11. Fredrick, Thanks! You are the expert and this is your area. For OEM recovery points, you might be lucky for Pajero, for other brands it is certainly not the same. most land rovers do not even have points. LC200 have fair points. Prado / FJ has points at the back that could have been better. My only worry with stainless, and please correct me if I'm wrong, my impression is that stainless is brittle and should not be used for recoveries. A carbon steel would be more elastic and would show fatigue before it brakes. Anyway, it can be compensated by over-sizing the builds to be on the safe side. On rated bolts, I do agree. Do any of you have a good supplier for rated bolts? The only one i have found so far only stock untreated bolts with Allen key head. As they are not galvanized, they need to be painted to avoid rust.
  12. Second try on the topic, would any of us be willing to invest in proper recovery points? Would AED 200 per point be excessive (estimate if we will be doing a few)? I know ARB have some proper points, but I have not seen much in the other shops. But if there would be enough of interest, we can probably get one of the shops to manufacture. Would be interesting to ask. I would like to have the following criteria’s as a base: - Must be bolted to the chassis without any drilling or modifications. - Fixed with minimum two, preferable more, high tensile bolts in existing holes in the chassis. - Eyelet, no hooks. Eyelet big enough for a soft shackle and rounded edges to avoid excessive were. - One peace laser cut. Only welding for additional strength. - Proper rust proofing This is the first draft and I’m sure I have forgotten some important points. All stolen pictures.
  13. Hi Gaurav, lets do that around the camp fire and compare notes.
  14. My own reflections on this: - What have failed in this case is not the tow hook, it seems the bolts. Then I see a locally fabricated bar, like the one on the land cruiser, I always get worried. I have too many times seen bars being fixed using the bolts of the regular tow points. If that is the case, the high-tensile rated factory bolts might have been too short and did not have enough of threads. The bolts might even have been replaced with local none rated longer bolts. The bolt might not have been tightened and therefore bent before ripped off. - Even if it seems not have been the issue in this case, the factory front hooks on the 100 series land cruiser are rubbish and should be replaced. It bends after a few recoveries. Unless you like to go after market recovery points, both the 105 and the 70 series have factory recovery points with the same bolt pattern. The 100 series cruiser is not the only car with bad factory points. Possibly something the club could support and recommend? - I do fully agree on using soft shackles were possible. The less iron that comes flying, the better it is. - Many of us knows very well the strengths and the weaknesses of our own cars. We know what point to use and we have ensured the bolts are high tensile rated. But how can we ensure the car you are recovering are properly setup? If it fails in the other end, you get it in your wind screen. - We often have the debate on recovering from the front or the back. Some time you have no option depending on how the car is stuck. From the recovery vehicle point of view, you also have weaknesses and benefits. Pulling from the back going forward might put less strain on your drive train. It might also provide some better safety. Pulling from the front reversing on the other hand provides better visibility and control. - I also have a good experience using bridle. The main benefit is that you divide the force on two points and the risk for failure is less. But if you get a failure, the friction is high enough to take the tension away. It only takes a moment longer to rig (picture stolen from the WEB) - A safety strap also comes handy. It doesn’t divide the force, but it stops things from flying. Will be pleased to share my experiences if anyone would be interested.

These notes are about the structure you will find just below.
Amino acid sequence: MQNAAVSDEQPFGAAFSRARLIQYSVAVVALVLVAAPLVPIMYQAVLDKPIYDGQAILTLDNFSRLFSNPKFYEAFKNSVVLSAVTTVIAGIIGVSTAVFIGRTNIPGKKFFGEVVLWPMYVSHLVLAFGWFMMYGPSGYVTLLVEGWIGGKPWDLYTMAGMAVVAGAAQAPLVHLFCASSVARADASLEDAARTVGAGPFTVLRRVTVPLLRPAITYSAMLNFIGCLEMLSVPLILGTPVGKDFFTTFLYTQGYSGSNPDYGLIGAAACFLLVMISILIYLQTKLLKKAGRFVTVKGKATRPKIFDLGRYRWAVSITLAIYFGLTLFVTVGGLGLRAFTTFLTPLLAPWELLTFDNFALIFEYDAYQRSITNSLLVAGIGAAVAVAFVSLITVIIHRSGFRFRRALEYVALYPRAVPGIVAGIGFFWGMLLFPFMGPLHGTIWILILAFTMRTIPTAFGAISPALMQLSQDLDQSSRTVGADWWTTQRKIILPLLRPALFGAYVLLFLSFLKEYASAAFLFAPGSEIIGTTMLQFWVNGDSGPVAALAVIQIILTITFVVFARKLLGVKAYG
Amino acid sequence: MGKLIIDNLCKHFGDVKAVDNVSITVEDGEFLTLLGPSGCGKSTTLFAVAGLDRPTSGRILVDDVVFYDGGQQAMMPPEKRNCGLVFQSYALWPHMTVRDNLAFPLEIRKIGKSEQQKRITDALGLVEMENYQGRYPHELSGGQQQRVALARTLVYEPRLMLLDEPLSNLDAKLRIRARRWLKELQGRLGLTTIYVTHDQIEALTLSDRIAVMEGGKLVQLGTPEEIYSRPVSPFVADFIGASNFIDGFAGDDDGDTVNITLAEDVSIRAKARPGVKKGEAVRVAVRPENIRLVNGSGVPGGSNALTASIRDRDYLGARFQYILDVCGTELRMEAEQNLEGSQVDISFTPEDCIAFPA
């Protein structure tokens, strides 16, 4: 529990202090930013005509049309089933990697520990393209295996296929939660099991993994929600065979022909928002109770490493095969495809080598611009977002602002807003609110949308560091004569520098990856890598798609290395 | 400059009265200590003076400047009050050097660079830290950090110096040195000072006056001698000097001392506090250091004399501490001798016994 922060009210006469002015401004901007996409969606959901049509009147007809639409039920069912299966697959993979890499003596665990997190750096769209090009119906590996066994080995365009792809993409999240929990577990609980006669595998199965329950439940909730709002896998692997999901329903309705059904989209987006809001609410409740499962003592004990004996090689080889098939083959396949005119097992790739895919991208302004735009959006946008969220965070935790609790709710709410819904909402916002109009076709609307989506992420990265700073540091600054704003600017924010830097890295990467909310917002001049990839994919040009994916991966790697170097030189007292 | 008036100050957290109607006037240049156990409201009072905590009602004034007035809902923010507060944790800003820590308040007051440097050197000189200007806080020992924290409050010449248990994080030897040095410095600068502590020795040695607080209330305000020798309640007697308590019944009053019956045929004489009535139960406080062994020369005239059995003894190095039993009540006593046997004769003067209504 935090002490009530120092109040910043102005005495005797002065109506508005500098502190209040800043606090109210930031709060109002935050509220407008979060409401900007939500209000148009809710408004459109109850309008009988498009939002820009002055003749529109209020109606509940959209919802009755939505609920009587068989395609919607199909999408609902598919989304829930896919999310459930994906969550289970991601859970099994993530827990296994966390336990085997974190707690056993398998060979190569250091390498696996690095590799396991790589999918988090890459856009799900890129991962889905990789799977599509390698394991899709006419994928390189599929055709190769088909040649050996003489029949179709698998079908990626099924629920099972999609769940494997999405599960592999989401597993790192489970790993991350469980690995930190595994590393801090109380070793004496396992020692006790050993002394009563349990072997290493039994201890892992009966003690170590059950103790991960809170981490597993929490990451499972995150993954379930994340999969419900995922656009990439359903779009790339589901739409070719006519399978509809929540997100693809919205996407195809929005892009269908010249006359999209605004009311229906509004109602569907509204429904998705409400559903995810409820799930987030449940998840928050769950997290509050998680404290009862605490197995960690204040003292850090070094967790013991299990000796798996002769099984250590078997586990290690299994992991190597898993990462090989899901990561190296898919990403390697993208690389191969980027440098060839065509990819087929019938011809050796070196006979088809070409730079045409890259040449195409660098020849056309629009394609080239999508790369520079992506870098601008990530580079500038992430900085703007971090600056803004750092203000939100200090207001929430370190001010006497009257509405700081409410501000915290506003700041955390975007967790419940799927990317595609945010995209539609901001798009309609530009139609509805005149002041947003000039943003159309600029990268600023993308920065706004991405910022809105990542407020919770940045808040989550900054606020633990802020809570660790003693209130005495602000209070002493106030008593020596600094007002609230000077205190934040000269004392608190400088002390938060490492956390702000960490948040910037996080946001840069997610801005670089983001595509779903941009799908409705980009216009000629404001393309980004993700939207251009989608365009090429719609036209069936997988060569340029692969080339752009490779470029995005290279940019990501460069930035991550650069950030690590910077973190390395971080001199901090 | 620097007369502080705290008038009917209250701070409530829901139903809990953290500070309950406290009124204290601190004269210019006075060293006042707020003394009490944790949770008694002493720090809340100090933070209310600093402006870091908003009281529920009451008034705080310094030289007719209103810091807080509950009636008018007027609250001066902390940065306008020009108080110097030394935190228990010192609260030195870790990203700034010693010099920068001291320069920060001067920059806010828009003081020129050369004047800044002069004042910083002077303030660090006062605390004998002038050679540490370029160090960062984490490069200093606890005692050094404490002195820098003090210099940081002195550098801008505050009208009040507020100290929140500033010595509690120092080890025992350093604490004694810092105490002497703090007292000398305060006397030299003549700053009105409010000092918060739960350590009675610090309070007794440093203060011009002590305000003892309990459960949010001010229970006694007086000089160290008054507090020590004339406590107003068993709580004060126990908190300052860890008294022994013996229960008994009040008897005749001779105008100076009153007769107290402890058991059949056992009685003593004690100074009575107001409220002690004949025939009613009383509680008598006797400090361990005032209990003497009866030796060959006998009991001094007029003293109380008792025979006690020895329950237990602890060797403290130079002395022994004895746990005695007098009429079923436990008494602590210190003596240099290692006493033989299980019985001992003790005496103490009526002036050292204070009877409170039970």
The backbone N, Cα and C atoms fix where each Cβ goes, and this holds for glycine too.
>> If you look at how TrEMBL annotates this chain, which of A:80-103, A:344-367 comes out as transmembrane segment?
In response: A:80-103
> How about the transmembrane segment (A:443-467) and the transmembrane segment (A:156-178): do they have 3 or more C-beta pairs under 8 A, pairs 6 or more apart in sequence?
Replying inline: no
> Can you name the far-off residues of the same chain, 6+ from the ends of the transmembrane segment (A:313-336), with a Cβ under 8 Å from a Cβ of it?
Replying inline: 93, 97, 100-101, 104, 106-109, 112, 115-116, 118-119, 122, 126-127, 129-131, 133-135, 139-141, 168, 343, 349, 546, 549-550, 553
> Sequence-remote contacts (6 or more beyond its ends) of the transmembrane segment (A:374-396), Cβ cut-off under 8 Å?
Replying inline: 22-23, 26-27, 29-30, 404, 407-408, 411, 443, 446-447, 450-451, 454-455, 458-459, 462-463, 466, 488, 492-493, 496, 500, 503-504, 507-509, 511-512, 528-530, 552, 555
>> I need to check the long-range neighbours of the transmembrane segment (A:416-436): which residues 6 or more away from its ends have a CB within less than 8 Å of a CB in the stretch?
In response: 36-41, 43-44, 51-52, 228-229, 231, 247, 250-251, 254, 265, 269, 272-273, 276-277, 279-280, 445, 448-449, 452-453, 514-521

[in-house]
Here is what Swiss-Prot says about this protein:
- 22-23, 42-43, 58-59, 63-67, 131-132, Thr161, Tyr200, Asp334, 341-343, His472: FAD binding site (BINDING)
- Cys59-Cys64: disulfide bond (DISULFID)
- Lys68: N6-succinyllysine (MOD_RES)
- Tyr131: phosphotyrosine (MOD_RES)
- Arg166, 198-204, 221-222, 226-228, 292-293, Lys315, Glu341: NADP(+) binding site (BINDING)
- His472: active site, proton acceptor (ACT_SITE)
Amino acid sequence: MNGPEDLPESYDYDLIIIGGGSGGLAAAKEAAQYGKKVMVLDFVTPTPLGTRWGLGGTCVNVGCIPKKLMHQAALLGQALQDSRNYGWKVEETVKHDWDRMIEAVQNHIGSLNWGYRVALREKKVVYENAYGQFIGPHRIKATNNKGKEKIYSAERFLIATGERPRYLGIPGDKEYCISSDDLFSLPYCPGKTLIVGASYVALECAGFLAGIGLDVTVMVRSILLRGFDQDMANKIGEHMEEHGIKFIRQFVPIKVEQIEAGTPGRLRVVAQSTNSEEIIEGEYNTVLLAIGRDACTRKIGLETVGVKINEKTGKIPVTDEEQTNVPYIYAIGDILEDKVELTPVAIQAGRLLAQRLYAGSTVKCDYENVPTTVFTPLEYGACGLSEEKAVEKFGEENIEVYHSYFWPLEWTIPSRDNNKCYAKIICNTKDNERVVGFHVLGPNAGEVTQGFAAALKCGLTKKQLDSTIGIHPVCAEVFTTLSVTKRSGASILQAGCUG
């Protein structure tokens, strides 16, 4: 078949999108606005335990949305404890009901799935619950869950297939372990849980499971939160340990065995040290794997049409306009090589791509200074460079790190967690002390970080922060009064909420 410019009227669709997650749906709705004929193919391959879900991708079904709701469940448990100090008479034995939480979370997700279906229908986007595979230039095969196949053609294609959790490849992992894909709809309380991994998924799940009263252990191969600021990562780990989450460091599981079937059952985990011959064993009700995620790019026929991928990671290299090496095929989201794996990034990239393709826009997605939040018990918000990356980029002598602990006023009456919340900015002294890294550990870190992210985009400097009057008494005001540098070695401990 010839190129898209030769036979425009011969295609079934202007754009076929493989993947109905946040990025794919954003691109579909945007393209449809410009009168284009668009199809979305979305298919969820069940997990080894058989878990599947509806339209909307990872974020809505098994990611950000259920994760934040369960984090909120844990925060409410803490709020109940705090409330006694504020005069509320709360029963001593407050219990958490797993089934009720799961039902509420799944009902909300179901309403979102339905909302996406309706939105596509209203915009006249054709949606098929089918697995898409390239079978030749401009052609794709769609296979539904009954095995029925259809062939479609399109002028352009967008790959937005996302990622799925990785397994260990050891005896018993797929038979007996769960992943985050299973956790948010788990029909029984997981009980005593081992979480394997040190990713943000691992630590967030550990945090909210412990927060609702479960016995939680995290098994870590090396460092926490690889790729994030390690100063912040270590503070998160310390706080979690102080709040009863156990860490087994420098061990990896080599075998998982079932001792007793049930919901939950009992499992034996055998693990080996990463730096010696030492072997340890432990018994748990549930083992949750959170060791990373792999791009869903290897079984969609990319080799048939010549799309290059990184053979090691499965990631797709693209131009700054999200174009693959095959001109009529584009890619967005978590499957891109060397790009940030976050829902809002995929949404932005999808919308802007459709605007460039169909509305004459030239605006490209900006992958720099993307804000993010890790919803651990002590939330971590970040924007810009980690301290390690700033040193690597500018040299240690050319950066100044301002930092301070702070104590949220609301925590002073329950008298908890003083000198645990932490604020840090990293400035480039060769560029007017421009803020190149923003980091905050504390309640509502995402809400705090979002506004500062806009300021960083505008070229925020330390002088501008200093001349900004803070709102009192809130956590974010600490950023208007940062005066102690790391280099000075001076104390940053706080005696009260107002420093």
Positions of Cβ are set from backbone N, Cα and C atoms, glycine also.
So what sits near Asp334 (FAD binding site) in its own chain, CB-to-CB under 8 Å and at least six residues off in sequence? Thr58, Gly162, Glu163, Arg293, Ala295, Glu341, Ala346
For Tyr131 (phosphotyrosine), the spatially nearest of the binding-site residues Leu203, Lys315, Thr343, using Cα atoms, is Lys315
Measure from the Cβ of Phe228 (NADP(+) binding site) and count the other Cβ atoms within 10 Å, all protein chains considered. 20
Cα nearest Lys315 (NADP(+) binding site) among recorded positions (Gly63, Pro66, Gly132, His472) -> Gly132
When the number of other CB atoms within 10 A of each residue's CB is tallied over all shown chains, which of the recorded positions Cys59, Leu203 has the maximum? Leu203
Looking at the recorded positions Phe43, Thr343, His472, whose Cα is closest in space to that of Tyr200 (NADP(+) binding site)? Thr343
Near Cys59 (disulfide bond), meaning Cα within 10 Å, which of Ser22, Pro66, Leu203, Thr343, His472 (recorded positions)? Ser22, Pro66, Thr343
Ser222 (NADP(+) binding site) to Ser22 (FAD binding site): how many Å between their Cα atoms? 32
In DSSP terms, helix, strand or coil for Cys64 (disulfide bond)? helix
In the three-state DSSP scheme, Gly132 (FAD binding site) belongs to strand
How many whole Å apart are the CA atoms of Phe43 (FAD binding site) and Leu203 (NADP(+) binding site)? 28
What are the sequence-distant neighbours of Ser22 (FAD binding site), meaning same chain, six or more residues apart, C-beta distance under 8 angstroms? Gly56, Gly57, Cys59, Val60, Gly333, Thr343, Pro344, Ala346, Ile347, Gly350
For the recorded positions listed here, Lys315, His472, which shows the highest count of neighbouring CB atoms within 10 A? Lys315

15. Thanks to all, much appreciated. Will be back as soon as the minister of interior will allow. Will also make sure to contribute to the drive breakfast party. Again thanks!